Throughout the text, Cook illustrates logical fallacies and the ironic mental leaps that denialists make, not recognizing their own inconsistency.
In addition to great material on the science and consequences that are being denied, Cook provides communication solutions. His work is colorful, fun, and grounded deeply in how brains actually hear and internalize information. It was through him and his frequent collaborators, Stephen Lewandowsky, Dana Nuticelli, and Katharine Hayhoe, that I learned to start with the fact when debunking, not the myth. The way our brains work, we frame things based on what we hear first, not what’s most relevant. Starting with the myth cements it instead of the fact.
One of the impactful things Cook has authored was a significant study on consensus among climate scientists that climate change is real, serious, and caused by us. It’s his study with his collaborators which found the 97% number. A key point in the book is that many people don’t know that there is a consensus among actual experts, and simply getting them to accept that significantly moves the needle on their views on climate science.
Throughout the book, there are delightful cartoons illustrating the gulf that many of us who communicate regularly on climate change encounter. The UN IPCC is the single most scrutinized body of scientific knowledge in the history of the world. 30 years of systematic meta-analysis of the scientific research by experts in a transparent and public process is the very top of the pyramid of evidence. Yet while that’s not good enough for denialists, they’ll cite YouTube videos, photoshopped memes, non-experts, and consider that far more than adequate to maintain their positions. Similar treatment is given to the running problem of shifting goalposts.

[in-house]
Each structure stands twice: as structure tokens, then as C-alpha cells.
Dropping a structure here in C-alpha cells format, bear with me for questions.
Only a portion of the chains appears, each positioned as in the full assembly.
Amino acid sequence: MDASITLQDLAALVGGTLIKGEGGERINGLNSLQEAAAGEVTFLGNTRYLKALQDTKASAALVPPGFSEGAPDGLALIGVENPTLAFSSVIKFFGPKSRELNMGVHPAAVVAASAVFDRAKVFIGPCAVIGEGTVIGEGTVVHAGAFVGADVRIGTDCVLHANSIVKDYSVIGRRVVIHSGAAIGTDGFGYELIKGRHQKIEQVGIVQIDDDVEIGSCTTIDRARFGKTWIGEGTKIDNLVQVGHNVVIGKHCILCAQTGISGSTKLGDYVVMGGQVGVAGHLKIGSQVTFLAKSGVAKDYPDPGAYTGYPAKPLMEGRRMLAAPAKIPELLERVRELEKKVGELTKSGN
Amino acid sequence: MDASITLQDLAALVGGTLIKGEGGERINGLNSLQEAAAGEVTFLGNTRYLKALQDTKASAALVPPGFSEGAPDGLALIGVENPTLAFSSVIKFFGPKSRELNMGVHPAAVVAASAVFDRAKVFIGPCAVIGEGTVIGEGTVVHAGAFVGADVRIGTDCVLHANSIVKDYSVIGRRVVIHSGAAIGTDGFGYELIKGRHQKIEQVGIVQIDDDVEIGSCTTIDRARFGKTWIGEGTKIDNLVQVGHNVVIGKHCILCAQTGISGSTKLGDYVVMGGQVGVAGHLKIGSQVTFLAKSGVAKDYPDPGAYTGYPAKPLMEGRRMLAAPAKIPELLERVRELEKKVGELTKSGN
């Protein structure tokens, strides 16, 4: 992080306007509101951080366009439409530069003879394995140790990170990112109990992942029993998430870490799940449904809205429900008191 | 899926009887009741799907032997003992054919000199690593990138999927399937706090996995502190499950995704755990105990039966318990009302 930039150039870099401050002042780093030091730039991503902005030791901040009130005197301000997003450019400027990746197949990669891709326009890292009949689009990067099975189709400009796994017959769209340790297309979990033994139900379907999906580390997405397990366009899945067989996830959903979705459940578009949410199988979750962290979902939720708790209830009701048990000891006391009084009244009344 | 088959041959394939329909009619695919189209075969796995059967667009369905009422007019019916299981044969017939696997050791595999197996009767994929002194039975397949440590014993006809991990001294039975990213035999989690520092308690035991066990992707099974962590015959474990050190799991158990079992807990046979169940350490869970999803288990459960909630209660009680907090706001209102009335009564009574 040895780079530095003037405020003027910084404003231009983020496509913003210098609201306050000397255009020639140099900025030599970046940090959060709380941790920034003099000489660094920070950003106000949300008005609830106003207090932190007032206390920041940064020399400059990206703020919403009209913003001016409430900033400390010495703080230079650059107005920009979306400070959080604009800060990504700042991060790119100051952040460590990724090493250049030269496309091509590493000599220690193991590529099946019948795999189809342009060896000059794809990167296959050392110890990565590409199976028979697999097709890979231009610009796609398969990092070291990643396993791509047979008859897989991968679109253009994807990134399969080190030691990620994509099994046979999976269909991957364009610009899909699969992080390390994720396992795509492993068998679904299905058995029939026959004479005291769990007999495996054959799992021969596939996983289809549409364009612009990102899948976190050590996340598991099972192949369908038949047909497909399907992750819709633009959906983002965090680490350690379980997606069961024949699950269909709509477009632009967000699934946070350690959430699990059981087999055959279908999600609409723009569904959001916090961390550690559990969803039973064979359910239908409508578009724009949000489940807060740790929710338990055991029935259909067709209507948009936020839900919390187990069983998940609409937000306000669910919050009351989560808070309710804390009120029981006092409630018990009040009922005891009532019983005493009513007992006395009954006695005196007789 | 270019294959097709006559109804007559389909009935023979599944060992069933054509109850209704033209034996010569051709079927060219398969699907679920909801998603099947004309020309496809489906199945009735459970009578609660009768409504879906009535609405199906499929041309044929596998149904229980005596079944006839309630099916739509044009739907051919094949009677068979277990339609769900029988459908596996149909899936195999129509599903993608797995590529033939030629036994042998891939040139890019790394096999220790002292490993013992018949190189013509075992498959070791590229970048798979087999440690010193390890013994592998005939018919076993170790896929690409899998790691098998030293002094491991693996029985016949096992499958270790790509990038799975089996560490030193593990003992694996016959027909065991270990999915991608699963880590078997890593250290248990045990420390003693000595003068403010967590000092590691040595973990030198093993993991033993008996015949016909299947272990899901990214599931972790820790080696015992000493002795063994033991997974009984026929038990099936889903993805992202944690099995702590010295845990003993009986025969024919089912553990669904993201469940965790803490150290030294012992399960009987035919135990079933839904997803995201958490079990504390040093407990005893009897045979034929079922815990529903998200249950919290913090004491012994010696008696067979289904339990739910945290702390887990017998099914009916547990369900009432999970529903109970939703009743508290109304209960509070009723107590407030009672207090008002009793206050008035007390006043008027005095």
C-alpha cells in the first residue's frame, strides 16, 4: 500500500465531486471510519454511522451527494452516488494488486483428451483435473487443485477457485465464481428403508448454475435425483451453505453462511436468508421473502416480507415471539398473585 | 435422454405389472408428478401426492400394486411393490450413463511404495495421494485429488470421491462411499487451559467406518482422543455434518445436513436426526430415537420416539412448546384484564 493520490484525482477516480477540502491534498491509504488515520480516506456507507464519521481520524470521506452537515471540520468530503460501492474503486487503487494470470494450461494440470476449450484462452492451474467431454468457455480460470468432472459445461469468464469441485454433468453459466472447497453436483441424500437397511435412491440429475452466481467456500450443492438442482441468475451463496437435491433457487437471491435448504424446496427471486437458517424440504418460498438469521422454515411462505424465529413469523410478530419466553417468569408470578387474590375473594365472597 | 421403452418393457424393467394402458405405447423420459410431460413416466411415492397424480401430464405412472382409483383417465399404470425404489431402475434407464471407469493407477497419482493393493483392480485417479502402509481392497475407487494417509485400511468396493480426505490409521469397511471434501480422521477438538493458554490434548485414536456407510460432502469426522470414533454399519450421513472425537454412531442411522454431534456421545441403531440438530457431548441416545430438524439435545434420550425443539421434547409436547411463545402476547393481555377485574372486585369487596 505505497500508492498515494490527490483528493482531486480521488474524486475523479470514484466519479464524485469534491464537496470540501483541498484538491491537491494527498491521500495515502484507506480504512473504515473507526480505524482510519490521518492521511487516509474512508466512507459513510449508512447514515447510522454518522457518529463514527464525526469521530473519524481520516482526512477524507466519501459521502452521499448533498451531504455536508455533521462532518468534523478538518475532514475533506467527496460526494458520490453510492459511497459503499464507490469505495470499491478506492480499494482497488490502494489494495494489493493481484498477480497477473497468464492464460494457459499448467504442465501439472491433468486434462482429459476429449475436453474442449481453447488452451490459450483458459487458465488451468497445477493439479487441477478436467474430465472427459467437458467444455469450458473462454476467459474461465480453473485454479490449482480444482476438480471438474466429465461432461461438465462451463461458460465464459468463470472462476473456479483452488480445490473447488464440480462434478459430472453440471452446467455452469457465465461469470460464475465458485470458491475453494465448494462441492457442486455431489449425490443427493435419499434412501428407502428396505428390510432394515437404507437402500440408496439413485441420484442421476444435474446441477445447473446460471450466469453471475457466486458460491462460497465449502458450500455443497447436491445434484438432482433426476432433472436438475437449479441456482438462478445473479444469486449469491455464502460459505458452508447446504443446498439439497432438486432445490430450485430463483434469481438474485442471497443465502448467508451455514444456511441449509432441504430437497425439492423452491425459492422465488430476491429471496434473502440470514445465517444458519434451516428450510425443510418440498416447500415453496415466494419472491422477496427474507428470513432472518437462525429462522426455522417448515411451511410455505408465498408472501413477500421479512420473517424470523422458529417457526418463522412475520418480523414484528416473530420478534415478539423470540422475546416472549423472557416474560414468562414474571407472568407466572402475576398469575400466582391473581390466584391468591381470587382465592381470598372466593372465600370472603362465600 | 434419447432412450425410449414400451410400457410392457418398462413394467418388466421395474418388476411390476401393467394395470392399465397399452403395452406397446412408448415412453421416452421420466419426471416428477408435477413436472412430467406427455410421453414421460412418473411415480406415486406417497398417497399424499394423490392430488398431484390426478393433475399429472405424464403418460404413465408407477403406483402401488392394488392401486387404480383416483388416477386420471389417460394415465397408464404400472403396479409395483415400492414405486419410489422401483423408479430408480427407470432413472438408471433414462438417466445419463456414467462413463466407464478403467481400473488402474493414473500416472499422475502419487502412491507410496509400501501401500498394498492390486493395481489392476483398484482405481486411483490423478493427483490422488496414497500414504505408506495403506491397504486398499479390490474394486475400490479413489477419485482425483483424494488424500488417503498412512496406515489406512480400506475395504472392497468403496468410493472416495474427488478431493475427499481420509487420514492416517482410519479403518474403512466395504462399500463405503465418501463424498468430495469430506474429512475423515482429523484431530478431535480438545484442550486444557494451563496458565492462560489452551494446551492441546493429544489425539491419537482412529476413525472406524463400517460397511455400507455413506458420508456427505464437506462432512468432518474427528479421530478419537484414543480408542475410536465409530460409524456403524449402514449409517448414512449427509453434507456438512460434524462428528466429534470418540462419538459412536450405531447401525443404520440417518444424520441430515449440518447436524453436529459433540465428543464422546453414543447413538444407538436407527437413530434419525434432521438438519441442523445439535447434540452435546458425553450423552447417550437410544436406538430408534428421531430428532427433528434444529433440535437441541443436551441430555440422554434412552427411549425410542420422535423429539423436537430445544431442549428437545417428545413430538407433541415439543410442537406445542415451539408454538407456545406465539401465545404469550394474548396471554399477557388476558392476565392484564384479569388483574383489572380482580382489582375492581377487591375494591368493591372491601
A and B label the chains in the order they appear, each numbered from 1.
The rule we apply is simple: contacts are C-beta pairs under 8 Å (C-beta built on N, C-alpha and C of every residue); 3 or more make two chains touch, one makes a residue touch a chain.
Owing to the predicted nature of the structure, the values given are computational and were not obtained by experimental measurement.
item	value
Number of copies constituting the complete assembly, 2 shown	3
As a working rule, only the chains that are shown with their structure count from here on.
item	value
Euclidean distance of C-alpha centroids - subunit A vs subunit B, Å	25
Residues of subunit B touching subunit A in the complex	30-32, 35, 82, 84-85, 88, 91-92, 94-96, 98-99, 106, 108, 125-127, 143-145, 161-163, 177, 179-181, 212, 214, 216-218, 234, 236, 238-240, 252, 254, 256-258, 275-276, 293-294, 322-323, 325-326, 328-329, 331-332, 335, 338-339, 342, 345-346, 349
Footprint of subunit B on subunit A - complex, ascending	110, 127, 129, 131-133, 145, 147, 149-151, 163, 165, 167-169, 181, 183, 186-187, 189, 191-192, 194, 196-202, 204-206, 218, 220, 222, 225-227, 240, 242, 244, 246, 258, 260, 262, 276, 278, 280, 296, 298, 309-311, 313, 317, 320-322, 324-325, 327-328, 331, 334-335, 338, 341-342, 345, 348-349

It’s January as I write this, but New York was experiencing 70° F springtime weather which is likely to cause problems with early budding. It’s snowing in Texas and I’m looking out at an unusual snowscape in Vancouver BC. Australia has had months of wildfires and its historical wildfire season started just days ago. The weather is weird globally and only going to get weirder and we need to take action. As Cook said when we were talking about this:
“What is the most important thing we can do to contribute to climate action? Open our mouths and talk about it! This is the key to building the social momentum that is the foundation of political action.”
As Kahneman and the cognitive scientists and communicators he has inspired and worked with over the decades point out, we are really bad at thinking rationally. Denialists are very human, and just as susceptible, but they can be won over. Cook’s cartoons are an excellent way to cut through denialists’ cognitive biases and to engage what Kahneman calls System 2, or thinking slow.
Once again, buy the book. Spread it around. Have the conversations. But a key point is that if people change their minds, don’t point it out, gloat, or rub it in. Another key insight from Kahneman et al. is that people are incredibly bad at realizing and admitting that they’ve changed their minds. Just accept it and move on.